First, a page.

What to Do with a Vintage Flour Sack: 13 Projects

Did you score a vintage flour sack at the thrift? Here are 13 projects that turn it into something awesome.

Did you score a vintage flour sack at the thrift? Here are 13 projects that turn it into something awesome.

Did you score a vintage flour sack at the thrift? Here are 13 projects that turn it into something awesome.

Vintage flour sacks are still fairly easy to obtain and not too spendy, but nevertheless quite lovely, and they make excellent crafting supplies.

But what, pray tell, does one DO with a vintage flour sack?

Why, any of the following awesome projects!

1. apronThere isn’t a tute to accompany this beautiful flour sack apron, but you can use your favorite apron pattern, fussy cutting so that the graphic looks nice on the front.

2. butcher apronThere IS a tute to accompany this beautiful flour sack apron!

3. embroidered flour sack wall artThe embroidery is a lovely way to allow the often faded images on a flour sack to pop out, making it into excellent wall art.

4. framed flour sackIf your flour sack is too pretty to alter, here’s how to frame it as-is.

5. milk crate ottomanA vintage flour sack is the perfect fabric to upholster an ottoman made from a vintage milk crate.

6. no-sew pillowHere’s a great way to make a flour sack pillow without damaging or altering the flour sack at all.

7. ornamentsFlour sack fabric can be quite distinctive, and one flour sack can make an entire set of matching ornaments.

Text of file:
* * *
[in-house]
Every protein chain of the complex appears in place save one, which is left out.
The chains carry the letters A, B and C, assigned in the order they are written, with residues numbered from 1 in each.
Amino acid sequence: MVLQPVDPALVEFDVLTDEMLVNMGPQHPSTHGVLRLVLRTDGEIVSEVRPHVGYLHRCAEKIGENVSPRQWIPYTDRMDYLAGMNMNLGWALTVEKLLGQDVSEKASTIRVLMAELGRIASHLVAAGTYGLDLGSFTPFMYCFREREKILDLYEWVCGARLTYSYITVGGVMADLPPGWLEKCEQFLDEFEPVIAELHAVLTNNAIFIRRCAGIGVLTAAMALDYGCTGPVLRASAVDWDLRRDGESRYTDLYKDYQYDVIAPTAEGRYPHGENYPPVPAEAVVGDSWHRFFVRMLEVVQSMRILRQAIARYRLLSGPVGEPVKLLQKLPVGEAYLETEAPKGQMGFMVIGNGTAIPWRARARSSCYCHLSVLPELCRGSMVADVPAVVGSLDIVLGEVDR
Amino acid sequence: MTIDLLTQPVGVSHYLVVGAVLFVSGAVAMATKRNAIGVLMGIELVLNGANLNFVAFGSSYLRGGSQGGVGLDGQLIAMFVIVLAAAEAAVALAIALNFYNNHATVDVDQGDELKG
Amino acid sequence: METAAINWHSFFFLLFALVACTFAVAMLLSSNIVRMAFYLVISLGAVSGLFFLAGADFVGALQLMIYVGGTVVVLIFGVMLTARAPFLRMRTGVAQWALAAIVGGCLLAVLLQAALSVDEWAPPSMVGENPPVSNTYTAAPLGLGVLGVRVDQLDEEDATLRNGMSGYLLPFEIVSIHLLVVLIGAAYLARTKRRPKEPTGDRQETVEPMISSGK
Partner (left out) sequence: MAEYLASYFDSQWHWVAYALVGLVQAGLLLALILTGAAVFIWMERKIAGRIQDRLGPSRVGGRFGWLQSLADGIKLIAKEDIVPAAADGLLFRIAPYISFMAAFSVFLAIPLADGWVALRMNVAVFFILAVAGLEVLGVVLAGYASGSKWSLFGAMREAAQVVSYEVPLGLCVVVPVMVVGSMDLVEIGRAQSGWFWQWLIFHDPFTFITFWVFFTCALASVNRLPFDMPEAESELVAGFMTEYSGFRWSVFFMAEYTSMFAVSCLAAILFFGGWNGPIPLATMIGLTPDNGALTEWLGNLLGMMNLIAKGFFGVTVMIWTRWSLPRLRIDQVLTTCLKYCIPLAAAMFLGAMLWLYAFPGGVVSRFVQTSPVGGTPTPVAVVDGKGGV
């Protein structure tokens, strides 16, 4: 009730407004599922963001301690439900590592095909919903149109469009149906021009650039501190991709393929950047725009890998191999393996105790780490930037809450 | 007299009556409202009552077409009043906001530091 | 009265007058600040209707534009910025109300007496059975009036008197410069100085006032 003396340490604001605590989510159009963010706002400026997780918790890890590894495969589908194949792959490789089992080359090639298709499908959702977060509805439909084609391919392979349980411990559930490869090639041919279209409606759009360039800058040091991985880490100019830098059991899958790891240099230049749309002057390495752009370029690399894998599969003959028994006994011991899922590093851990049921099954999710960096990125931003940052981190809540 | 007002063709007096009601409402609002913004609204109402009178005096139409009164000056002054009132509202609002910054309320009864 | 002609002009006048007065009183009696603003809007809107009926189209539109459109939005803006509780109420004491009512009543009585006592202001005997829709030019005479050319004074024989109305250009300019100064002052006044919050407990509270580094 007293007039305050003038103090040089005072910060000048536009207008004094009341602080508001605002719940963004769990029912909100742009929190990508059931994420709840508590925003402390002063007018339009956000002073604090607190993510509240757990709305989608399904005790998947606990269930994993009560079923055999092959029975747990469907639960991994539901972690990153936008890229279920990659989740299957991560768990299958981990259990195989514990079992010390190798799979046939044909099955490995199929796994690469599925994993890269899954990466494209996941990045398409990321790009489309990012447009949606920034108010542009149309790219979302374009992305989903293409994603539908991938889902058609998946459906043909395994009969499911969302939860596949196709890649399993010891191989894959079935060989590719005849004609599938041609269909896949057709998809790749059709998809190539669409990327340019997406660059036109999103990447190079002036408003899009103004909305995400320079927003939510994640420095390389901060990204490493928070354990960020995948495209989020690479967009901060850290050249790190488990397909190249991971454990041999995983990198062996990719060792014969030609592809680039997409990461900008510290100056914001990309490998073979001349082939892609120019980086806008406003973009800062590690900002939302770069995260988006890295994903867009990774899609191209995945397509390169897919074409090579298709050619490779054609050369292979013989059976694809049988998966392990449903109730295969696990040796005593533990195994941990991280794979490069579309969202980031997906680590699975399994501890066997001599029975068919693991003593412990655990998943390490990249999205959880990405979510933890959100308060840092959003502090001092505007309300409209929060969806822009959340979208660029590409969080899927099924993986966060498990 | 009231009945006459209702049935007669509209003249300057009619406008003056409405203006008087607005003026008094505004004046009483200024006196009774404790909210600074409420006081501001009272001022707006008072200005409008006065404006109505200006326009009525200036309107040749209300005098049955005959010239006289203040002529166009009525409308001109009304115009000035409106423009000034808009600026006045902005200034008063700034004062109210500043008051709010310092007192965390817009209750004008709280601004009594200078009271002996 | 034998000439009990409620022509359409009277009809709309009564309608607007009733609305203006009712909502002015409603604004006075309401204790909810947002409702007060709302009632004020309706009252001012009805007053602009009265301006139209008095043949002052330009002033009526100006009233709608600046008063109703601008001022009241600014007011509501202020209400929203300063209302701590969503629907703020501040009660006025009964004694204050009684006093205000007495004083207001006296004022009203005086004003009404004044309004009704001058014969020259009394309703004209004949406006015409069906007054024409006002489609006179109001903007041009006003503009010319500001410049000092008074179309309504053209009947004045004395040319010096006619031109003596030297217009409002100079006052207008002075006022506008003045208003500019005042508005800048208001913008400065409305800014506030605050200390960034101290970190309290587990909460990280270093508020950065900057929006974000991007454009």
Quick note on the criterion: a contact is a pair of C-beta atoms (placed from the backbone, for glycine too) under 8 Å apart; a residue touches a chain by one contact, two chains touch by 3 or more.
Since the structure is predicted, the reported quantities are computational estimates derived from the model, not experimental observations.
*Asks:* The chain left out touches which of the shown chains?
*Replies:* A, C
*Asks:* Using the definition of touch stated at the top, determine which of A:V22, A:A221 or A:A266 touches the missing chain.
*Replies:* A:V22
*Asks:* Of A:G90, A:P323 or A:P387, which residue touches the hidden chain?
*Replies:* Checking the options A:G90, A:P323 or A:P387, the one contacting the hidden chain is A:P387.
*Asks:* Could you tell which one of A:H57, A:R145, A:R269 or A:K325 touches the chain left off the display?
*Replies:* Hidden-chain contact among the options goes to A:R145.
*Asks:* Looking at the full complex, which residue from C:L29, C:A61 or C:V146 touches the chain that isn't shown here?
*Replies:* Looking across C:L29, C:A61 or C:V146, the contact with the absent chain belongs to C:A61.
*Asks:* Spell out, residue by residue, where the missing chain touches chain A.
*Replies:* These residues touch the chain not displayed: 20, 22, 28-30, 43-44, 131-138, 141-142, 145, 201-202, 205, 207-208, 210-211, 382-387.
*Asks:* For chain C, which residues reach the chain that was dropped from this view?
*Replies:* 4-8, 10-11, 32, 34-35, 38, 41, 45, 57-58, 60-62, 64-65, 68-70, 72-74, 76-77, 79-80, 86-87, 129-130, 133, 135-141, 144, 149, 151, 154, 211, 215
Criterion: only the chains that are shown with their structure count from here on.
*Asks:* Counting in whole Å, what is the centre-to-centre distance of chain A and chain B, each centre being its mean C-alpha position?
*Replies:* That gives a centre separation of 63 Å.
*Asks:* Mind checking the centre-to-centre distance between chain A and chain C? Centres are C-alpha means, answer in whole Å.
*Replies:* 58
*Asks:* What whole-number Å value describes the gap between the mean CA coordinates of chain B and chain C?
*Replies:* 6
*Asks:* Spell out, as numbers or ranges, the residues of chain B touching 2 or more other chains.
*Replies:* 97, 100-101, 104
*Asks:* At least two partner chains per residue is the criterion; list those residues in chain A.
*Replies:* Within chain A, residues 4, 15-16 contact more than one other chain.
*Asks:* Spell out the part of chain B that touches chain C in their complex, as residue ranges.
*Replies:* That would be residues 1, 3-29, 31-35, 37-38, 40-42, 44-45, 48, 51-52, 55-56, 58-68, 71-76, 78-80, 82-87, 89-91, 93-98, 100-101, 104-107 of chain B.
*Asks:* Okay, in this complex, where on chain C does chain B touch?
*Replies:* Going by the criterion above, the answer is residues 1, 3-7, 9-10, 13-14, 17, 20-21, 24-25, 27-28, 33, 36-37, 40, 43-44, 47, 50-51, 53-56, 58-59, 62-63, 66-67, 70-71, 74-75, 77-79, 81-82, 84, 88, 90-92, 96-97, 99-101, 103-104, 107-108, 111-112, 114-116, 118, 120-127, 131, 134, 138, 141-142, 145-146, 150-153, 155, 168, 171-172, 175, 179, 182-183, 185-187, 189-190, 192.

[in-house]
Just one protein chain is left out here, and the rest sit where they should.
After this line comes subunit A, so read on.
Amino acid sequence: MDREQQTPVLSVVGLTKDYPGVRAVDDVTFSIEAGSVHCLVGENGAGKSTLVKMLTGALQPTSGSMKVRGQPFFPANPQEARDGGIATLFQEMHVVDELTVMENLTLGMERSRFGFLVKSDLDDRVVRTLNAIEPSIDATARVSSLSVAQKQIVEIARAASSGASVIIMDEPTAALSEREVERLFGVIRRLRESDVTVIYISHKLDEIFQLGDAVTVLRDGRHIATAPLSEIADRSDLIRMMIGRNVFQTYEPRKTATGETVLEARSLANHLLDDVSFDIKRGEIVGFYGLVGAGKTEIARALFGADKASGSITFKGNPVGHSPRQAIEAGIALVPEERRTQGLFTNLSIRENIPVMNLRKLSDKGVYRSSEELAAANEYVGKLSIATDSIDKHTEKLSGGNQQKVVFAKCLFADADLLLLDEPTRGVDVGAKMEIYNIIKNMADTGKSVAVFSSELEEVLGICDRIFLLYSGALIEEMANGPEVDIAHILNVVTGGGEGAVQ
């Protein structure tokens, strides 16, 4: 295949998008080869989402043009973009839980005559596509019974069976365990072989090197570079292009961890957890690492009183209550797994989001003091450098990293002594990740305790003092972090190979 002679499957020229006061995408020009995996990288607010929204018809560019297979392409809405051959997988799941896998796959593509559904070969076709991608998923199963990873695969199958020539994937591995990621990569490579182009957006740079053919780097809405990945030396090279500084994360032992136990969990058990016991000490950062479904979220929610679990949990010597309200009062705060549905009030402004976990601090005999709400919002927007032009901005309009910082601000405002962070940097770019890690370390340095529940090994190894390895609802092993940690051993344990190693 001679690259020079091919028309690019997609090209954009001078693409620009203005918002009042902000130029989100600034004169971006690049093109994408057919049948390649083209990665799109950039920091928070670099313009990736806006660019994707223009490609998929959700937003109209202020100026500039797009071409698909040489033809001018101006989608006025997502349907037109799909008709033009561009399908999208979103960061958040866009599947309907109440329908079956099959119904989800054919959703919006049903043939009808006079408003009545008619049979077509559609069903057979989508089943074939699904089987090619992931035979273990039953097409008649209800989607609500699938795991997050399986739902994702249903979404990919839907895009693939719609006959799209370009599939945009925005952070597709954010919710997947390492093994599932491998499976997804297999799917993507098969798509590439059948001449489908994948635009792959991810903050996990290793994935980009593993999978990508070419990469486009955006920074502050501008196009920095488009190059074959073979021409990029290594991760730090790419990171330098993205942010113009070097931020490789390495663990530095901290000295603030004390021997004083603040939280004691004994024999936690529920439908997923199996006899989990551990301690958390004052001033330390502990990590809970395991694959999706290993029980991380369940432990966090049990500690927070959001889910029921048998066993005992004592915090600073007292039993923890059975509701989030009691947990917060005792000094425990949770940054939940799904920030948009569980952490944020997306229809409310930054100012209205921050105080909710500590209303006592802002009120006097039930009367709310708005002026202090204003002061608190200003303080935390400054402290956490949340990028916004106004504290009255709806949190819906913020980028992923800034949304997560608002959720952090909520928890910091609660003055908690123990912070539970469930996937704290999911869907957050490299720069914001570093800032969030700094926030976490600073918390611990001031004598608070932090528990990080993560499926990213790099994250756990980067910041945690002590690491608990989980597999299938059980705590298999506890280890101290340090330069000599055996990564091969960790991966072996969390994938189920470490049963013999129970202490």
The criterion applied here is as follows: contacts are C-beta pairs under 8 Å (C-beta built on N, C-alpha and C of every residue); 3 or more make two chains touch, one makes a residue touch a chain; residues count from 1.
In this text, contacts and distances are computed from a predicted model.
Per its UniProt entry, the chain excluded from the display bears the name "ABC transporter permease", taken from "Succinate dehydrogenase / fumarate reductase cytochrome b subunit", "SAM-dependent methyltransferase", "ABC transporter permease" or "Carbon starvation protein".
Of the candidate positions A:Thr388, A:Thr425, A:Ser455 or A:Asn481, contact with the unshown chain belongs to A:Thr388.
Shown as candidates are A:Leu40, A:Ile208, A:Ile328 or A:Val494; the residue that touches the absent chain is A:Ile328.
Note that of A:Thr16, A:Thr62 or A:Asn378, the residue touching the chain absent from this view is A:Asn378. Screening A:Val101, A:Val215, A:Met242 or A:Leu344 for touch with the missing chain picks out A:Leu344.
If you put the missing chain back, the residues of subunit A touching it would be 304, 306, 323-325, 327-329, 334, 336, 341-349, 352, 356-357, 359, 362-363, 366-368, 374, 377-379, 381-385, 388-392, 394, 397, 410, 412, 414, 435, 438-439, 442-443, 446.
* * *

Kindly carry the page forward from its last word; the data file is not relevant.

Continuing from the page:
8. pillow coverThe secret here is to find a pillow that’s well-matched in size to the dimensions of your flour sack.

9. purse. This purse is made from a corn sack that looks like it has more structure to it, so if you’d like to try it with a flour sack, consider lining the fabric.

10. quiltIf you have several lovely flour sacks to work with, then a quilt can be surprisingly easy to piece from them.

11. roman shadeThe tutorial uses a burlap sack for this, but I think that a flour sack would be easy to substitute.

12. sachetIn this project, I used a small cornmeal sack, but you can easily substitute a flour sack, either fussy cutting to obtain a nice print for the front, or using plain scraps and perhaps freezer paper stenciling a design.

13. upholsteryBeen dying to learn how to upholster? This may be your chance!

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Written by Julie Finn

I'm a writer, crafter, Zombie Preparedness Planner, and homeschooling momma of two kids who will hopefully someday transition into using their genius for good, not the evil machinations and mess-making in which they currently indulge. I'm interested in recycling and nature crafts, food security, STEM education, and the DIY lifestyle, however it's manifested--making myself some underwear out of T-shirts? Done it. Teaching myself guitar? Doing it right now.

Visit my blog Craft Knife for a peek at our very weird handmade homeschool life, and my etsy shop Pumpkin+Bear for a truly odd number of rainbow-themed beeswax pretties.

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